None of this is especially original. When he’s saying it, however, it sounds momentous, gleaming pearls of wisdom plucked from the innermost depths of his psyche. Much of that is down to his manner and bearing – a tall man, only slightly hunched by age, his big hands enfolded as he talks. He’s extravagantly courteous, and seems very sharp (though again, it’s only when I listen back to our conversation that I note how seldom he lets me finish a question, rushing to answer as soon as he hears a buzzword). And of course there’s that voice – a deep booming voice, an orator’s voice. One can easily imagine that voice wrapping itself around countless political speeches in countless village halls and party gatherings. Takis was an MP for 20 years (1976-81, then 1985-2001), and spent countless evenings rallying the rural faithful. “I’d go to some village or other every night, as an MP,” he recalls with a smile. “I still have the files. I don’t have the heart to throw them away.”
That last part is easy to believe – because Takis is obviously a hoarder, his home bearing witness to his magpie sensibility. That home is another reason why our conversation is memorable: not an especially large house but absolutely strewn with paintings, artworks, decorative plates, Japanese prints, wood carvings, mosaics, gravures, old high-school photos, souvenirs from Madeira, Paris, Costa Rica – and that’s not even mentioning his private study, a long narrow room where the visitor has to sidestep not just piles of books (there’s no room on the bookshelves) but also piles of unread newspapers. He gives me a tour before we start, pointing out paintings on the walls. “That one’s a Stathis,” he says. “From before he got discovered”. ‘Are you a collector?’ I ask – and he shakes his head mournfully, as if I’d inadvertently asked about some medical condition. “It’s a way of life, my friend…”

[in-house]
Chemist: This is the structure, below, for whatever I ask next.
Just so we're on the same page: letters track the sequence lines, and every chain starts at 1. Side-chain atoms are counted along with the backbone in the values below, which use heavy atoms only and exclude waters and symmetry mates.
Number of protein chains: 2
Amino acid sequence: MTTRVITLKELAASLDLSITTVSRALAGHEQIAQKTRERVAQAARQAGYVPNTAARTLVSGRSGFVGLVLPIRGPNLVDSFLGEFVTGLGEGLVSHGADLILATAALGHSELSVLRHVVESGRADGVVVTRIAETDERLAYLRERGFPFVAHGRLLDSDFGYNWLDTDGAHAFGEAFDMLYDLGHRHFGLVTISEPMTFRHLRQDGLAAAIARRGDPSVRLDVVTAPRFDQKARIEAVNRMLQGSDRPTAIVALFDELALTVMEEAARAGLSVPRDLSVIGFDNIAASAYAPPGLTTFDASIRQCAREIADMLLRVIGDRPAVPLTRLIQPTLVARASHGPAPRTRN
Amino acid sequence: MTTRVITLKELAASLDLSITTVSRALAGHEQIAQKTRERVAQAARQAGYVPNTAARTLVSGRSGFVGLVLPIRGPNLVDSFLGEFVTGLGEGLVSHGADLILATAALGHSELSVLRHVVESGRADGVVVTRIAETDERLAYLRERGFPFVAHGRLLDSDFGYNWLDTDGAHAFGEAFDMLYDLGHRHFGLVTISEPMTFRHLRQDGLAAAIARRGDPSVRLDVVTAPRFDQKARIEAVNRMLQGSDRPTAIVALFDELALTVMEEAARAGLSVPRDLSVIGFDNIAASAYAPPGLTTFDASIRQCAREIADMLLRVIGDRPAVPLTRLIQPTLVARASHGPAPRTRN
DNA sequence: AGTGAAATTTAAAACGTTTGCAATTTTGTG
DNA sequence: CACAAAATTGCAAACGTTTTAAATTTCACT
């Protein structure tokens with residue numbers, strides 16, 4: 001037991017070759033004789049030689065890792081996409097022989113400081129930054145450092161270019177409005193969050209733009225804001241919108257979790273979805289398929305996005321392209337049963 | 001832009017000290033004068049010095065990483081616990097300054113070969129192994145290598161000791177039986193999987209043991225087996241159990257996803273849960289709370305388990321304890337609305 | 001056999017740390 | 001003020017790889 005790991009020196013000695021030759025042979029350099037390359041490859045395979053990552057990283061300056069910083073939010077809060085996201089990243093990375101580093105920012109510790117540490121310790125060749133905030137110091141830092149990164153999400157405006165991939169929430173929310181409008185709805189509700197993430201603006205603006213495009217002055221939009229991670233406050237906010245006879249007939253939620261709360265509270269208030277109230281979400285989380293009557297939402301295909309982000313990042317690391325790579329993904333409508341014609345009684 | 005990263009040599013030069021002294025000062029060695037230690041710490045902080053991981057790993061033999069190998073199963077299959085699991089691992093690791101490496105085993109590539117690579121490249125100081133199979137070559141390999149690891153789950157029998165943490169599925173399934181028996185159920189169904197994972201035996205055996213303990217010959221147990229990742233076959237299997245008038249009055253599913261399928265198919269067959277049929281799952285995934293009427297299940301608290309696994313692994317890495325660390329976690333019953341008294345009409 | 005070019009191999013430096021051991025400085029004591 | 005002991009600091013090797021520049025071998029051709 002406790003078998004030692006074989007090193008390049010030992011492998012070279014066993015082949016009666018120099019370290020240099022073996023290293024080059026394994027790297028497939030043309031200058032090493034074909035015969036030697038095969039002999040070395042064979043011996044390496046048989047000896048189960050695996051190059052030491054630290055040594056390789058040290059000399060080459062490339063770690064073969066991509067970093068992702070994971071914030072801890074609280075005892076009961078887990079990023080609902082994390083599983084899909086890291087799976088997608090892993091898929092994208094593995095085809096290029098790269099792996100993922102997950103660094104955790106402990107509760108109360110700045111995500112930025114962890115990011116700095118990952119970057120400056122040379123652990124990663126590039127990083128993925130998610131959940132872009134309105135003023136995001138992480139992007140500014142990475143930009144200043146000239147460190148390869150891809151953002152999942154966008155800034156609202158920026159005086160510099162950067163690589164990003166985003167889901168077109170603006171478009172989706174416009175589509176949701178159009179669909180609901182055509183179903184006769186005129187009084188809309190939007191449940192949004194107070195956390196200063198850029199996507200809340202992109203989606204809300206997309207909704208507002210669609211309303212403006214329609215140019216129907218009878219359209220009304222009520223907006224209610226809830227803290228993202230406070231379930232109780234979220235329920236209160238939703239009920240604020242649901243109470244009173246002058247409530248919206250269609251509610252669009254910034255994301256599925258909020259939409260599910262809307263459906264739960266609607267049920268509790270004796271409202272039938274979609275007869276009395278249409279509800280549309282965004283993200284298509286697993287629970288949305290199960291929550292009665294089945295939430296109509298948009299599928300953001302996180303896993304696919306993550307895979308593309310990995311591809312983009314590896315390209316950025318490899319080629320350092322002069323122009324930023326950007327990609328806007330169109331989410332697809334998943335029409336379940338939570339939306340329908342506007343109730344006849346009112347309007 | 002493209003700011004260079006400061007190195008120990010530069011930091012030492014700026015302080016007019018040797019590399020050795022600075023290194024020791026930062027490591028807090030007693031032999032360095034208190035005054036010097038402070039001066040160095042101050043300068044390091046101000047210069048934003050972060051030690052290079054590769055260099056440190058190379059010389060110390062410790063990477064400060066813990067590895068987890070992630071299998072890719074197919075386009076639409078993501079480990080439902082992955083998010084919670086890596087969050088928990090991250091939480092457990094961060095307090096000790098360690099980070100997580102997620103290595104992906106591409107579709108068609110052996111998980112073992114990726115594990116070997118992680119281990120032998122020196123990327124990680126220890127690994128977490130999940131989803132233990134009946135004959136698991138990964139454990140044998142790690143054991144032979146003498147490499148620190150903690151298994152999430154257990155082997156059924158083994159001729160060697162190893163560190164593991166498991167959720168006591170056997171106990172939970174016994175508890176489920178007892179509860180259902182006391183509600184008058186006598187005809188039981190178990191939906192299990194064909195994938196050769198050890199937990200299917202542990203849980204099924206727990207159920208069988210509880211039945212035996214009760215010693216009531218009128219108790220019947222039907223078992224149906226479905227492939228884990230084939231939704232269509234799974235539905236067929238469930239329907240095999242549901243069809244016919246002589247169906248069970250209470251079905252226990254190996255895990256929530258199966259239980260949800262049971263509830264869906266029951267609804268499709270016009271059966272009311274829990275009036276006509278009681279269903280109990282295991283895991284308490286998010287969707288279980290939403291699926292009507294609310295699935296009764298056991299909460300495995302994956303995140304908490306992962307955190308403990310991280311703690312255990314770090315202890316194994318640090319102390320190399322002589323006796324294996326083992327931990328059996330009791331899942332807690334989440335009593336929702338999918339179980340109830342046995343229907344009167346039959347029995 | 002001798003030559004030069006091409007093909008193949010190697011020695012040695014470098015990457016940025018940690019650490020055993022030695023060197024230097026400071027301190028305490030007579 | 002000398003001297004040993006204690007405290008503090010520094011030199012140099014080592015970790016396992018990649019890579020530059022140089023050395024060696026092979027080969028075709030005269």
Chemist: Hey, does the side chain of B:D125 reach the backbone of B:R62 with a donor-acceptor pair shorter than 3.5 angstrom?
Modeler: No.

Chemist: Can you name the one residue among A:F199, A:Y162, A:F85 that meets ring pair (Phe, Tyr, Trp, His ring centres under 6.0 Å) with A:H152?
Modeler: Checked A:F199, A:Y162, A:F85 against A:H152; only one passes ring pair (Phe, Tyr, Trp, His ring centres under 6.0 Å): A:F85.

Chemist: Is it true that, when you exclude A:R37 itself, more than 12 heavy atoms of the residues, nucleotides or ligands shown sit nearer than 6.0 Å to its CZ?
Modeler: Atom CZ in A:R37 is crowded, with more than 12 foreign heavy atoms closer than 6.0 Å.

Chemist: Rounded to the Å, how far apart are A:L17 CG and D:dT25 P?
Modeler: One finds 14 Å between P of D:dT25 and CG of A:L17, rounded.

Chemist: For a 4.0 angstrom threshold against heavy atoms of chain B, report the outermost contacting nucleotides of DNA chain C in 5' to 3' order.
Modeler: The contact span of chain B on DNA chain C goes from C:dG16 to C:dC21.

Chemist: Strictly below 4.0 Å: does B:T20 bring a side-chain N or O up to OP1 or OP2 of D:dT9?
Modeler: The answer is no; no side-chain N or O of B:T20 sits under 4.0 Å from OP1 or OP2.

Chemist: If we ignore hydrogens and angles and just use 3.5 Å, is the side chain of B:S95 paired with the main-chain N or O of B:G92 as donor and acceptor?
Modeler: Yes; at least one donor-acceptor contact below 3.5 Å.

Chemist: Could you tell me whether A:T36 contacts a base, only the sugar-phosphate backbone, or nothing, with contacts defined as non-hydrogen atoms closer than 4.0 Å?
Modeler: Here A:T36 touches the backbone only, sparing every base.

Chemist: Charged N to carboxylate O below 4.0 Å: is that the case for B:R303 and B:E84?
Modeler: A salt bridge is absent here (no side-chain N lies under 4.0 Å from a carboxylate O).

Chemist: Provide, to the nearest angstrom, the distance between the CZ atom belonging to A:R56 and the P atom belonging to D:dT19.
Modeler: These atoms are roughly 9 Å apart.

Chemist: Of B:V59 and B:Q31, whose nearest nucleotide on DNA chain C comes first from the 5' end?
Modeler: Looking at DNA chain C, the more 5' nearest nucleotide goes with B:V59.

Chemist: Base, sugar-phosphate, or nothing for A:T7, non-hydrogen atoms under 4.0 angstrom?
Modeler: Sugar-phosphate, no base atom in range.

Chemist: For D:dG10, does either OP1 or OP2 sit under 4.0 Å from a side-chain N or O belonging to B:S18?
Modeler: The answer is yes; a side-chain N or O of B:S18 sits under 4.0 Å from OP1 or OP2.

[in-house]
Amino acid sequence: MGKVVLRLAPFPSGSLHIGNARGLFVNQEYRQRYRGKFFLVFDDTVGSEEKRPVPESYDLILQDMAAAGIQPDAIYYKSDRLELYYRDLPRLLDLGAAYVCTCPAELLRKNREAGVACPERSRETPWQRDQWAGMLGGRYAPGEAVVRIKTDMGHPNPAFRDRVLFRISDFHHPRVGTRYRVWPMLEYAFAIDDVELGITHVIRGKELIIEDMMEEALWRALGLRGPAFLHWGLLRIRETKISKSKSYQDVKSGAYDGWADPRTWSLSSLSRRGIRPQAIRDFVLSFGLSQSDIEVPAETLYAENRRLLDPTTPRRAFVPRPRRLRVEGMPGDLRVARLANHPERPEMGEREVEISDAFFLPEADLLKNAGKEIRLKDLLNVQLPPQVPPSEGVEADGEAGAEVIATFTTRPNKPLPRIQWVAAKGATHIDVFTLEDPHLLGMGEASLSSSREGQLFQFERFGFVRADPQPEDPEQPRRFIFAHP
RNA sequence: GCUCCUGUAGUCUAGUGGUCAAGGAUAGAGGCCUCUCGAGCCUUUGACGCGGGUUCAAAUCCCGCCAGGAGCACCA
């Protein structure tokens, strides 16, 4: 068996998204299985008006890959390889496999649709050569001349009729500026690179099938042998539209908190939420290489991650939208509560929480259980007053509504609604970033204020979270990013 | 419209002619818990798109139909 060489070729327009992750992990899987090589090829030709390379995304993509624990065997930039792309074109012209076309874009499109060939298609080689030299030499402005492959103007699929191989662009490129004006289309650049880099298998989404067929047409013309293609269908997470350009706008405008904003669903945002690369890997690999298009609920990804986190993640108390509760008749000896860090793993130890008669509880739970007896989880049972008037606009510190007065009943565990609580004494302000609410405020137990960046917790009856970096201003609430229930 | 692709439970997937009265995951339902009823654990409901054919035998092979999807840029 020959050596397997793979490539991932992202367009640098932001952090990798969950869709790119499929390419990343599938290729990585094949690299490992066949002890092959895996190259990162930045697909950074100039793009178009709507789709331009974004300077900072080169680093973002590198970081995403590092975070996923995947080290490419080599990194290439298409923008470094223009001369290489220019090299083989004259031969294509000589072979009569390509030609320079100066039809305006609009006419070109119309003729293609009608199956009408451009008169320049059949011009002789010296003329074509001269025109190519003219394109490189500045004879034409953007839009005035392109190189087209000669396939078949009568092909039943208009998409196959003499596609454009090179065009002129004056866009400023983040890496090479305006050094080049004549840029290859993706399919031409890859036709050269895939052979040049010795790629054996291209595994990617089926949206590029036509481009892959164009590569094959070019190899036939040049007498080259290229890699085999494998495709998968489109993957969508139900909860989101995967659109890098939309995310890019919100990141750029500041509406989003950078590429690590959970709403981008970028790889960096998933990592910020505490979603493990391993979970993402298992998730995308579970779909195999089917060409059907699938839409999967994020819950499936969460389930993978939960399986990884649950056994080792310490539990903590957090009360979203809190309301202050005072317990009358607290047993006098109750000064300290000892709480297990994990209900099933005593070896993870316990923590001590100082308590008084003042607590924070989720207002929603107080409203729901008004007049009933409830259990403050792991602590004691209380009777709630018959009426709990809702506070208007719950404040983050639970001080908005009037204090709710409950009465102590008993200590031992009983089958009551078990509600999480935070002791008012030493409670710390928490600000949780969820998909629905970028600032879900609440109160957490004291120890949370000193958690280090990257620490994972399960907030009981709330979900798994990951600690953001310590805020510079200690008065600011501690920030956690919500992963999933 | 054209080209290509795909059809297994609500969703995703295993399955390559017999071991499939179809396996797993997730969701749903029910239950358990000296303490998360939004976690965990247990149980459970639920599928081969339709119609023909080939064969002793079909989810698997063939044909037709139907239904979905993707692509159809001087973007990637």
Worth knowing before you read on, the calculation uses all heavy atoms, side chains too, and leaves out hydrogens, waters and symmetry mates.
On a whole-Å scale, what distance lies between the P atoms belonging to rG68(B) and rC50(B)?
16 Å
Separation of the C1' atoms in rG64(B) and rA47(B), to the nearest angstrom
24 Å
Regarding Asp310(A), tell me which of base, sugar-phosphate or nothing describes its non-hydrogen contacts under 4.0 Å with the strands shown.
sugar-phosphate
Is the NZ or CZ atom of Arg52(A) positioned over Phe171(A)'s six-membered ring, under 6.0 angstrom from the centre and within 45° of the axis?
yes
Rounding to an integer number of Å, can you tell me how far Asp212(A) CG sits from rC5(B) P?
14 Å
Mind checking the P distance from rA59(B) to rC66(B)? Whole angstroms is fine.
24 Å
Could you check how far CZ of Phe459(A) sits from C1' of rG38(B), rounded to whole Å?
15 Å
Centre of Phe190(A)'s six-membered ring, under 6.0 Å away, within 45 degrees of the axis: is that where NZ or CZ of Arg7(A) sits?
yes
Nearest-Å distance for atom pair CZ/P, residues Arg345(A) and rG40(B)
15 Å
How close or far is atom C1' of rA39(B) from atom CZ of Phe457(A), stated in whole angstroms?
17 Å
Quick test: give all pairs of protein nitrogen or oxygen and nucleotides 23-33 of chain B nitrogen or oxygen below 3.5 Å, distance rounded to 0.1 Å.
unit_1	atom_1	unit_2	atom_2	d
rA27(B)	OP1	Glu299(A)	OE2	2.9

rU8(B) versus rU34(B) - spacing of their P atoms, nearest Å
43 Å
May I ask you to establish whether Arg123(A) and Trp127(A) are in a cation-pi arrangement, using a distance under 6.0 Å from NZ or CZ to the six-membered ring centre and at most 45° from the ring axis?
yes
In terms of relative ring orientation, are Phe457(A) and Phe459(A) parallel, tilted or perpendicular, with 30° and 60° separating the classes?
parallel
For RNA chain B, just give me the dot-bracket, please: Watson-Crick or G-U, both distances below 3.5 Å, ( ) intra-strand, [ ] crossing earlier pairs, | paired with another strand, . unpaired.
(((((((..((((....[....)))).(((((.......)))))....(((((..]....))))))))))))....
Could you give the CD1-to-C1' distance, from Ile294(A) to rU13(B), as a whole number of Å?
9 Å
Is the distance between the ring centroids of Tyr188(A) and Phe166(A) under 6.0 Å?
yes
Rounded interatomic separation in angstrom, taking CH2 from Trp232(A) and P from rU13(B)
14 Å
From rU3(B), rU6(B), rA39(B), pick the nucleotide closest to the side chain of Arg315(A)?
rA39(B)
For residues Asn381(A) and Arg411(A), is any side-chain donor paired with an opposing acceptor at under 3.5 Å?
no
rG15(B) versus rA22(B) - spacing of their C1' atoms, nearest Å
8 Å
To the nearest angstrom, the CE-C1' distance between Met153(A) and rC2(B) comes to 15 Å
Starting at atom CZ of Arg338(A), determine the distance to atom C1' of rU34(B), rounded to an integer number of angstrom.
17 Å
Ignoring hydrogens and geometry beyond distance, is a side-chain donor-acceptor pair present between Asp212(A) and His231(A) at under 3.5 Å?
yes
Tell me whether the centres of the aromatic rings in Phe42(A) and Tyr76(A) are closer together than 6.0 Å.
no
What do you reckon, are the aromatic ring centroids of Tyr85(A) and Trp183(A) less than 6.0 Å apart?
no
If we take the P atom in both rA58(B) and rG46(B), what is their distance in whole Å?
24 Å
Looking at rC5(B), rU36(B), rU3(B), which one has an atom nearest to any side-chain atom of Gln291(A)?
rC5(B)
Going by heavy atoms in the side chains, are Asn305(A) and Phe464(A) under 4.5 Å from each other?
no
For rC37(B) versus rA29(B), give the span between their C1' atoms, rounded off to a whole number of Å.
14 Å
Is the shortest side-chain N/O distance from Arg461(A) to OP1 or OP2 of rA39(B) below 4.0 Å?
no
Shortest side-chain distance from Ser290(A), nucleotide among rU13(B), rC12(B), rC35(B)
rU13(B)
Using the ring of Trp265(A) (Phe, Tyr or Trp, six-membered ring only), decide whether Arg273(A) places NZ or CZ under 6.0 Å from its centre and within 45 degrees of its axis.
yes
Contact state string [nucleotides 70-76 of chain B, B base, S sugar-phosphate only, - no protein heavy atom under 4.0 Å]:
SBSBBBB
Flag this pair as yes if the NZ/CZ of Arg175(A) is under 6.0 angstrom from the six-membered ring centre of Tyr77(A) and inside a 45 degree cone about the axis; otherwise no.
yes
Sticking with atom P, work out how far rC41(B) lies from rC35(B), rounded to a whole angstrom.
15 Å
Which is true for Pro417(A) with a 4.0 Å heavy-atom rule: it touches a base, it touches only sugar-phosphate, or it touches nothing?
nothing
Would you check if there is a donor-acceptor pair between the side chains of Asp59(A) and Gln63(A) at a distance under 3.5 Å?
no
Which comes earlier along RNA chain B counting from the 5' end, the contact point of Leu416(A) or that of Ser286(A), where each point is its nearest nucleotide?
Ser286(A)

That’s a recurring phrase: ‘a way of life’. Politics was a way of life, a sense of mission – of vocation – being very strong in Takis; had he been religious (as opposed to a lifelong socialist), he’d have made a pretty good missionary. It was also ‘a way of life’ that prompted his father Efstathios to volunteer to fight for Greece in the Balkan Wars and Greco-Turkish War, from 1912 to 1922. Takis wrote a book about it last year, titled Oudena Misthon Elaven (‘No Salary Did He Receive’), the title making clear what he most admires about his dad’s unforced patriotism. Those years of service defined Efstathios’ life, and hence the lives of his children (Takis and his sister) – because after being demobbed, already in his late 30s, he never really found a steady job, with severe consequences for his cash-strapped family. “We had a hard time, my friend, a very hard time,” booms Takis dolefully. “And it was that which made me a socialist. It wasn’t Marxism, it was life that made me a socialist”.